Canberra-based EOS has announced the successful completion of the acquisition of a satellite communications business, Audacy Corporation, as well as two technical initiatives as part of an expansion of the company’s communication systems business.
In late-January, EOS announced it had entered into transaction agreements to acquire all of the business and assets of Audacy Corporation, a US-based satellite communications company.
The $10 million acquisition of Audacy was conducted via the wholly owned US subsidiary, EOS Defense Systems USA (EOSDS), and will build on the company's production facility at Huntsville, Alabama. It will place particular focus on the areas of space, missile defence and space communications.
Audacy was granted a space station (satellite) spectrum licence by the US Federal Communications Commission (FCC) authorising it to use specific microwave spectrum bands for communications to, from and among specific satellites and ground-based communications stations
The acquisition was subject to commercial conditions as well as two separate approvals by agencies of the US government:
The FCC and CFIUS reviews have been completed by those agencies and all necessary US government approvals for completion of the acquisition have been formally received by EOS. All commercial conditions for closing have been met.
Dr Ben Greene, group CEO of EOS, welcomed the announcement of the acquisition in late January 2020, saying, “EOS has previously disclosed its intention to enter the space communications market, and the acquisition represents a logical next step towards that goal.”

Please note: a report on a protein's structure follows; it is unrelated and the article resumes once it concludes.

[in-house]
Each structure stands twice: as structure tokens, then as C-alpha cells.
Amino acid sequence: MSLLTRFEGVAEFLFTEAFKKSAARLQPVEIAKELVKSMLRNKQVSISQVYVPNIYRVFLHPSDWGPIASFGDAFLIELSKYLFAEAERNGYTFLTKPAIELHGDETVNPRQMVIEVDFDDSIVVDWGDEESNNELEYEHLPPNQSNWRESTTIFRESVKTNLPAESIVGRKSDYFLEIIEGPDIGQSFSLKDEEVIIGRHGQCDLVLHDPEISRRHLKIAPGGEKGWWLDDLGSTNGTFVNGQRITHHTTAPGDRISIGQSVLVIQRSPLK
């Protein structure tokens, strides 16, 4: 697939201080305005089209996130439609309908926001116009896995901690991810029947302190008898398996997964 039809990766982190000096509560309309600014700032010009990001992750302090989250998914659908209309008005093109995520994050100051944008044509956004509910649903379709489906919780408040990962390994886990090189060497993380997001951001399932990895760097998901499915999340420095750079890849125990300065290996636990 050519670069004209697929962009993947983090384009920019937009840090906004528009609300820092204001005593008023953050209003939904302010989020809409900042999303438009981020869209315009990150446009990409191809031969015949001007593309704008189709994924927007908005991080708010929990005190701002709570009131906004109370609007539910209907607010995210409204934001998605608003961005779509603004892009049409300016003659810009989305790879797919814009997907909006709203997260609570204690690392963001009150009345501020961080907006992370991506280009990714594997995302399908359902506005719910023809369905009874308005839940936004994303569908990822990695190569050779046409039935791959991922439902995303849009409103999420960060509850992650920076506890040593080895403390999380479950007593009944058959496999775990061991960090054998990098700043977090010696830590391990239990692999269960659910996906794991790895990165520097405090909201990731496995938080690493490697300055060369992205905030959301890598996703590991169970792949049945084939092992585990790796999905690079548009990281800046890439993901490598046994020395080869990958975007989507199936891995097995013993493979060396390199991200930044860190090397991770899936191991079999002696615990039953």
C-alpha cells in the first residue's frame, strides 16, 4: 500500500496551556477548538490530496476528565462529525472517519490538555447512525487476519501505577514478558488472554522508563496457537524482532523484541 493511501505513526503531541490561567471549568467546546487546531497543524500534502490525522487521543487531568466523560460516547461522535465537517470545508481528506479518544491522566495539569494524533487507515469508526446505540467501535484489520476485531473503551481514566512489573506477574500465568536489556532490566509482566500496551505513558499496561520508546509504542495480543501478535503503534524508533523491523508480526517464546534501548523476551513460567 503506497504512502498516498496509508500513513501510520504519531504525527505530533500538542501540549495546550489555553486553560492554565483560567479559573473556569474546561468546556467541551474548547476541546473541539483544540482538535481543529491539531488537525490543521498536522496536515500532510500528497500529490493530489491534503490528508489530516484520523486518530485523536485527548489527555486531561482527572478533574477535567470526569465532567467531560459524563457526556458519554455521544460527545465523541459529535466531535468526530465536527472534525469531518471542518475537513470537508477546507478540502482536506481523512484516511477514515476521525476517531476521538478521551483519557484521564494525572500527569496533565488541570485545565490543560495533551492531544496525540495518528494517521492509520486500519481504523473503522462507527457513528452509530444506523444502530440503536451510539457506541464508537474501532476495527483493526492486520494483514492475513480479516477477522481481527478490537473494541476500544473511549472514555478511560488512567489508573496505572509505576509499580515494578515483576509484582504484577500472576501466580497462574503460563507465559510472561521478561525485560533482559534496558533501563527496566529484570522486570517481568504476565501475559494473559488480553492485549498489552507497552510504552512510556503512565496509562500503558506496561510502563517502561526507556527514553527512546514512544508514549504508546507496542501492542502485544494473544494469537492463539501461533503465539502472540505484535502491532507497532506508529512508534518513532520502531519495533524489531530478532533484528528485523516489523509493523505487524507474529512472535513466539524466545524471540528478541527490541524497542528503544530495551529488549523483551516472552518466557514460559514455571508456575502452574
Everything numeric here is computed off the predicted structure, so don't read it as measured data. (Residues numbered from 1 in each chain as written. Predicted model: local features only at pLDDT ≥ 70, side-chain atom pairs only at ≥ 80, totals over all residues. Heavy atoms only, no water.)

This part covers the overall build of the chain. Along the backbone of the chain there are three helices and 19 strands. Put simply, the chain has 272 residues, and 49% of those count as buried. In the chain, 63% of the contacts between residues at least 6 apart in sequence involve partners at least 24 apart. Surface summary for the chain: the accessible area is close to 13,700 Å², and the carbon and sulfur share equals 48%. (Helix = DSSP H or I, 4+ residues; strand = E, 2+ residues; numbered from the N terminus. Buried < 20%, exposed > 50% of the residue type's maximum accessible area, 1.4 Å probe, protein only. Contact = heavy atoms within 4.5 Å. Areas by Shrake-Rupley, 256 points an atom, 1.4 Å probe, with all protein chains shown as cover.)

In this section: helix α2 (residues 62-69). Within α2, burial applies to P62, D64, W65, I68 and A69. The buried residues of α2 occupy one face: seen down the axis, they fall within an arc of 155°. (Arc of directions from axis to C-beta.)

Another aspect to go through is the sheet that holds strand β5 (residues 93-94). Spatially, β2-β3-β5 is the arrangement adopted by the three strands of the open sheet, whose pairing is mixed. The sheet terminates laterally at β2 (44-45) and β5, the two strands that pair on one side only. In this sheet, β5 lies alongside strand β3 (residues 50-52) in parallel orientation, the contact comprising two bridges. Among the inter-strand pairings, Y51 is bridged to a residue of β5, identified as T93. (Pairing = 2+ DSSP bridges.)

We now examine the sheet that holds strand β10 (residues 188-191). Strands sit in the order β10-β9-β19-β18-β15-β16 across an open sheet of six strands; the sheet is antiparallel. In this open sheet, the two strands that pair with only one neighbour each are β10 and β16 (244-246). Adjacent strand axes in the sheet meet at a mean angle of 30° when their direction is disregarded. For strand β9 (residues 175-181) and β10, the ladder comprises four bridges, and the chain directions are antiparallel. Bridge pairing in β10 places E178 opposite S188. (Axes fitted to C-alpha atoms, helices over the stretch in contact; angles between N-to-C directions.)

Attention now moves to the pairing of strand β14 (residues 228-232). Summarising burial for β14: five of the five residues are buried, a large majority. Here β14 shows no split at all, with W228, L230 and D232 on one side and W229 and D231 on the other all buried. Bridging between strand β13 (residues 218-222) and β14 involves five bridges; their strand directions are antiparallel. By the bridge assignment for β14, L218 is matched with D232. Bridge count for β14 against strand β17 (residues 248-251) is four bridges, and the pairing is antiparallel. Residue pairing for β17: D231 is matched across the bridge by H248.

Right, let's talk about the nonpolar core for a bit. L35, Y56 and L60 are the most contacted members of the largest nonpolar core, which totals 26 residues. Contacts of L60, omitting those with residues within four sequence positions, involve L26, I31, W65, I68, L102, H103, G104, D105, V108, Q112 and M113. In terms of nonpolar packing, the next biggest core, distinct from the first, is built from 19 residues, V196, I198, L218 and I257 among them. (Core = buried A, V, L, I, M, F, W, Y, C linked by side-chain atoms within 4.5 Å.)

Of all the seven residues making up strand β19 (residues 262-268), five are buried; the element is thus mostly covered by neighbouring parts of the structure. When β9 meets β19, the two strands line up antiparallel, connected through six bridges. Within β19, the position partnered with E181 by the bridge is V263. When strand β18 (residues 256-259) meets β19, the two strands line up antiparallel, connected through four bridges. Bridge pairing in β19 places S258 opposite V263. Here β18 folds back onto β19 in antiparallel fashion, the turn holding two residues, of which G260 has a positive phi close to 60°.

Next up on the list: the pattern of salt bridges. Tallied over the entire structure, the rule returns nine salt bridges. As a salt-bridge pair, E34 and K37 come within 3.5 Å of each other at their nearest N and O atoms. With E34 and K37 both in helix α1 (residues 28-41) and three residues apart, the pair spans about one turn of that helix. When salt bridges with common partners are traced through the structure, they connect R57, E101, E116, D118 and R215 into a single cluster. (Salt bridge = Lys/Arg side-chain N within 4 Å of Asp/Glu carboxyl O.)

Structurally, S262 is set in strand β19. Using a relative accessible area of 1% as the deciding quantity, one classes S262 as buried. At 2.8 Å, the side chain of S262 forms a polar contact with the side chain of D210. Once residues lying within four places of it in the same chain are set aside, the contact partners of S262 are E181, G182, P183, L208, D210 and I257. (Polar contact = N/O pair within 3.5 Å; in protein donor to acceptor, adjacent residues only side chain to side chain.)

The acquisition was completed on 28 May 2020. EOS will now move forward to deploy communication satellites in a constellation that EOS has named EOSLink.
The EOS strategic approach to space communications is based on the widely-held industry view that optical communications, where EOS has very advanced technology and strong capabilities, will carry the majority of space communication traffic by 2036.
EOS has established a space communications business with advanced technologies for both microwave and optical laser communications. In the long term, EOS expects most space-based communications to be implemented with optical communications – widely considered a disruptive technology that is not regulated or controlled because it does not interfere with other users.
Greene added at the time, “Over 50 potential customers have executed non-binding memoranda of understanding relating to the proposed space communications service, and EOS expects to finalise the initial constellation design soon so that those MoU can be progressively converted to service contracts after completion.
“The company will face challenges building and launching a new constellation of MEO satellites by June 2024. Therefore, satellite capacity and the related funding requirements will be scaled to meet regulatory and customer commitments. EOS will later decide whether to implement the new satellite constellation on its own or through a partnership with an existing space communications entity.”
This traffic is then expected to be around 100 times the volume of today, but will generate revenues for service providers at only the same level as today.
For the market segment EOS intends to service, which excludes broadcast and internet applications, this revenue currently exceeds $100 billion annually. EOS intends to address a niche in this segment.
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